Assessment Of Live Fire Impacts To Tinian’s Landmarks Called For

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Council on Historic Preservation formally asks Park Service for report

By Dennis B. Chan

SAIPAN, CNMI (Saipan Tribune, Oct. 14, 2015) – The construction and use of firing ranges on Tinian may severely impact the island’s national historical landmark area, says the Advisory Council on Historic Preservation in a written request to the National Park Service last week, urging that "unresolved issues" of this U.S. military undertaking be assessed.

The preservation council has formally initiated a Section 213 report under the National Historic Preservation Act, about three weeks after Saipan Tribune revealed that there has been a push from within consulting agencies for this report, which can be sought for federal undertakings on national historical landmarks that prove to be "particularly difficult and/or controversial," according to ACHP.

ACHP is the federal agency overseeing historic preservation across the United States.

The report, if completed, will cover the Marine Corps Forces Pacific’s plans to construct and use firing ranges on the island of Tinian.

Under the NHPA, the National Park Service will prepare the report at the request of ACHP.

Since the MarForPac project involves combined arms, live-fire, maneuver training, danger zones, and restricted airspace, there have been concerns on how compatible the project is with the historical character of the northern part of Tinian, which is home to World War II landing beaches and airfields, among others.

John M. Fowler, executive director of ACHP, formalized the council’s request in a letter to the National Park Service on Friday.

In Fowler’s letter, copies of which were obtained by Saipan Tribune yesterday, ACHP asks the Park Service to assess how established training areas within the Tinian Landing Beaches, Ushi Point, and North Fields, Tinian Island National Historic Landmark—collectively known as the "Tinian NHL"—will "affect the integrity and physical interpretation" of the landmark.

"Many unresolved issues…for this proposed undertaking pertain to the compatibility of this development with the historic character of this NHL," Fowler wrote.

ACHP believes there may be severe impacts to the NHL that limit its "future interpretation" and "heritage tourism." That would include the potential loss of access "given the absence of a predictable schedule for use of the range," Fowler said.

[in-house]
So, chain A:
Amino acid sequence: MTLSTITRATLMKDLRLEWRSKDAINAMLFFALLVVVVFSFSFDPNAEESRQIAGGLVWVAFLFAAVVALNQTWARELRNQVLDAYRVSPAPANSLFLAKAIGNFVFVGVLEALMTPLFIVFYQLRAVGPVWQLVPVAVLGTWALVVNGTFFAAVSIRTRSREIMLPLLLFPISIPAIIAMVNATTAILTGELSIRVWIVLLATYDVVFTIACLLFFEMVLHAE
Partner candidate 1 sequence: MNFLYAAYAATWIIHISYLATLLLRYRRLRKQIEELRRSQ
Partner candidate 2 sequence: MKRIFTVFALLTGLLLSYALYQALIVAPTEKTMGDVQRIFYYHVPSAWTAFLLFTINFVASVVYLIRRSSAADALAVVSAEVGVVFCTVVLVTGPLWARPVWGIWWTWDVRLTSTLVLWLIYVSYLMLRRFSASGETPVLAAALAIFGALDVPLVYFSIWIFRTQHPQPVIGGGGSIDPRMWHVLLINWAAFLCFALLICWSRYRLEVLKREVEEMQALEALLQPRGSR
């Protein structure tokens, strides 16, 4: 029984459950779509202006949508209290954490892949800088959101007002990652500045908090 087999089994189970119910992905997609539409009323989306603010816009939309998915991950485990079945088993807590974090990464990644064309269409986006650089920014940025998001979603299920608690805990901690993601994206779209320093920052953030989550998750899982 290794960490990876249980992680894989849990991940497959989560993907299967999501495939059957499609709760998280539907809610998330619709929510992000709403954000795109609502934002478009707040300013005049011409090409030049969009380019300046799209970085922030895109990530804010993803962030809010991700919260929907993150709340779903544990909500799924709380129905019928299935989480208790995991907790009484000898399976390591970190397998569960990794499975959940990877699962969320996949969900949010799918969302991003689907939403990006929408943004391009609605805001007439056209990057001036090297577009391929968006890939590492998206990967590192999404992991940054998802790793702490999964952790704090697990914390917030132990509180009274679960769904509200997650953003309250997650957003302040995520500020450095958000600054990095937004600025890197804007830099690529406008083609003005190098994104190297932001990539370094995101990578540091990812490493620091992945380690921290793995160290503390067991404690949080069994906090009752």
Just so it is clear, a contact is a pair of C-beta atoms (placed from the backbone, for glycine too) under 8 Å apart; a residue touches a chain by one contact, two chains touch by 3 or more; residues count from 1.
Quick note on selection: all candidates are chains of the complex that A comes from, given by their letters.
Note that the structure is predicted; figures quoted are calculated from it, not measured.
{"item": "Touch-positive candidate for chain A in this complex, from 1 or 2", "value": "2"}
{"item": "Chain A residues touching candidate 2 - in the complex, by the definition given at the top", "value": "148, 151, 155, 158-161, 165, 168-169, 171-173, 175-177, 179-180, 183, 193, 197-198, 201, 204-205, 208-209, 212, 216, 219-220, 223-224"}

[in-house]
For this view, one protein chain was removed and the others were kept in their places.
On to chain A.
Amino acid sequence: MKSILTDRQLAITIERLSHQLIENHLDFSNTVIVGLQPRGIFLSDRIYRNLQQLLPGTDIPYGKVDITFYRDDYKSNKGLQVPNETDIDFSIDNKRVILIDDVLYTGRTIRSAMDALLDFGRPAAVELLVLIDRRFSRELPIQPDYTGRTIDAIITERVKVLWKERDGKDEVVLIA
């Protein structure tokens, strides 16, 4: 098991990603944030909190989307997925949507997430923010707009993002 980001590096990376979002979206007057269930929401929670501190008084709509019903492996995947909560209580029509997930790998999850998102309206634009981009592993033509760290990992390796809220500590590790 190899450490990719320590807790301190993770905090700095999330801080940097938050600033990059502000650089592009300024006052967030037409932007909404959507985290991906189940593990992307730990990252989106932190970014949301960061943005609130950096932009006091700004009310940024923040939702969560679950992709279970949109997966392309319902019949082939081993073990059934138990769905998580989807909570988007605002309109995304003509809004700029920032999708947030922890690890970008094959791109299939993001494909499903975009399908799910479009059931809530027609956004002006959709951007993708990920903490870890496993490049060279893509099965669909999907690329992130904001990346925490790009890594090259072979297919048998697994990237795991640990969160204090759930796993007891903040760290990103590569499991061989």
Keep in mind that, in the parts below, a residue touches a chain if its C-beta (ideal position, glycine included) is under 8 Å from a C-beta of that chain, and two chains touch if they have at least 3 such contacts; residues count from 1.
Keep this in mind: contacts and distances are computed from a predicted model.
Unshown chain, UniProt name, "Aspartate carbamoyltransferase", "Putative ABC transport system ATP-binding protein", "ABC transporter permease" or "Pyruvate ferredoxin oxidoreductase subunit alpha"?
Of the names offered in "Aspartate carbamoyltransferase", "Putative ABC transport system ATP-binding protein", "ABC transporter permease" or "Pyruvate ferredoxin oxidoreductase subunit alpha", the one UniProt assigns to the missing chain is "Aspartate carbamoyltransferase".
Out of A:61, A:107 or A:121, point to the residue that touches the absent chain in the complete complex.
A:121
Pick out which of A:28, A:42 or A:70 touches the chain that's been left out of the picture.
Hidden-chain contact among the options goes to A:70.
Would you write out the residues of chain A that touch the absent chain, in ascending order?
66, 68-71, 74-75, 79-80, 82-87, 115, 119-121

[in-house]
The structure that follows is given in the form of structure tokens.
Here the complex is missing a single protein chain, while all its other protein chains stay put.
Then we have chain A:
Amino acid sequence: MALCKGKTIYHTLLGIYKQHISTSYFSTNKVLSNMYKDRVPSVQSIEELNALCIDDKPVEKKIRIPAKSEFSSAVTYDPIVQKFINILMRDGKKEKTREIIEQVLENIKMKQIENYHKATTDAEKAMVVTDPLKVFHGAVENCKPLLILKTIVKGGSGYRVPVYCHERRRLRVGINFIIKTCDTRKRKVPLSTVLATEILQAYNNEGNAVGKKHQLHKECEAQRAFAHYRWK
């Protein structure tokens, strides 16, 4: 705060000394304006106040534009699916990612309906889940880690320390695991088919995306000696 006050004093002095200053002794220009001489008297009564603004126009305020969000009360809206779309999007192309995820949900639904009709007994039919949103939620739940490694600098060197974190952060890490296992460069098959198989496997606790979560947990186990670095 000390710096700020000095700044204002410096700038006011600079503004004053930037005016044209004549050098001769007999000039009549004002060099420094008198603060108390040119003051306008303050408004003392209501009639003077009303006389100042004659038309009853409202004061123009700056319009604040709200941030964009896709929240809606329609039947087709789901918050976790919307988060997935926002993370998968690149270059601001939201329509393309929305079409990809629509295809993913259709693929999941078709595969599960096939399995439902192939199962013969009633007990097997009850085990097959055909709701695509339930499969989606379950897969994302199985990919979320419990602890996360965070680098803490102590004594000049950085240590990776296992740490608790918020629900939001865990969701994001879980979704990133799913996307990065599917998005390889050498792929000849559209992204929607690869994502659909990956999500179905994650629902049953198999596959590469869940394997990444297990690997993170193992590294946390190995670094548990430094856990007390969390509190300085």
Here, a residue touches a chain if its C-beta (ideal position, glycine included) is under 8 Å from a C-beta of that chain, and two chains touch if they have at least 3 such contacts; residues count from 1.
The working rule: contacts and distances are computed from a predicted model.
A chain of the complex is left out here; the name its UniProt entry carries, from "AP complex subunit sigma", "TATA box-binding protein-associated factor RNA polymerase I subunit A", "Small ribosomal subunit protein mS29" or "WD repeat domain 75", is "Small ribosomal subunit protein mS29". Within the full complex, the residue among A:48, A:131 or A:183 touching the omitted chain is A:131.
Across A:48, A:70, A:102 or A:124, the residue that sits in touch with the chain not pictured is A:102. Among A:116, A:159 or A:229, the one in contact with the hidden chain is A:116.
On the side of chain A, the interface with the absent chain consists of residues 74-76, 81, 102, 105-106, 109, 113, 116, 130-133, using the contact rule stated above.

Unresolved issues

"Currently, while the land the Tinian NHL is on is under military use lease, it is for all [intents and] purposes open to the public," Fowler said. "To better assess the unresolved issues regarding the project’s potential effects to the NHL, we request the NPS’ views on the impact to the integrity of the NHL posed by the proposed volume, design, and location of new construction."

"We would also ask that you provide recommendations as to measures that could avoid, minimize, or mitigate adverse effects to the NHL should the CJMT go forward as currently proposed," Fowler said.

ACHP’s letter hints at and reflects what the administration of Gov. Eloy S. Inos has been saying for awhile now—that what the military is proposing seems to be incompatible and unfit for its location on Tinian, Saipan Tribune gathered yesterday.

Dentons LLC, a firm hired by Inos to consult on the live-fire project, said the project’s repeated use of heavy, tracked vehicle within the North Field landmark risks damage to historic roadways and runways. They say the construction of gravel roads adjacent to historic roads would still alter the cultural landscape. The firm also notes that the live-fire project would have significant, direct impacts on nearly 200 National Register-eligible sites on Tinian.

"These are not suitable locations for destructive live-fire training," Dentons writes in their comments on the project’s environmental impact documents. "Reasonable alternatives must be evaluated."

The CNMI Historic Preservation Office, for their part, said the project ignores Section 110 of the NHPA, which requires a heightened standard of care with respect to landmarks to the "maximum extent possible."

HPO says the project provides no information that could be described as "planning and actions to minimize harm" as mandated by federal law.

In other words, Section 110 of NHPA tasks federal agencies that plan to build on an historical landmark to do everything to enhance and protect the sited area, Saipan Tribune learned. However, for the CJMT project, administration officials believe the Navy has done the exact opposite, and that the entire historical district—of landing beaches, airfields, and cultural sites, among others—could suffer.

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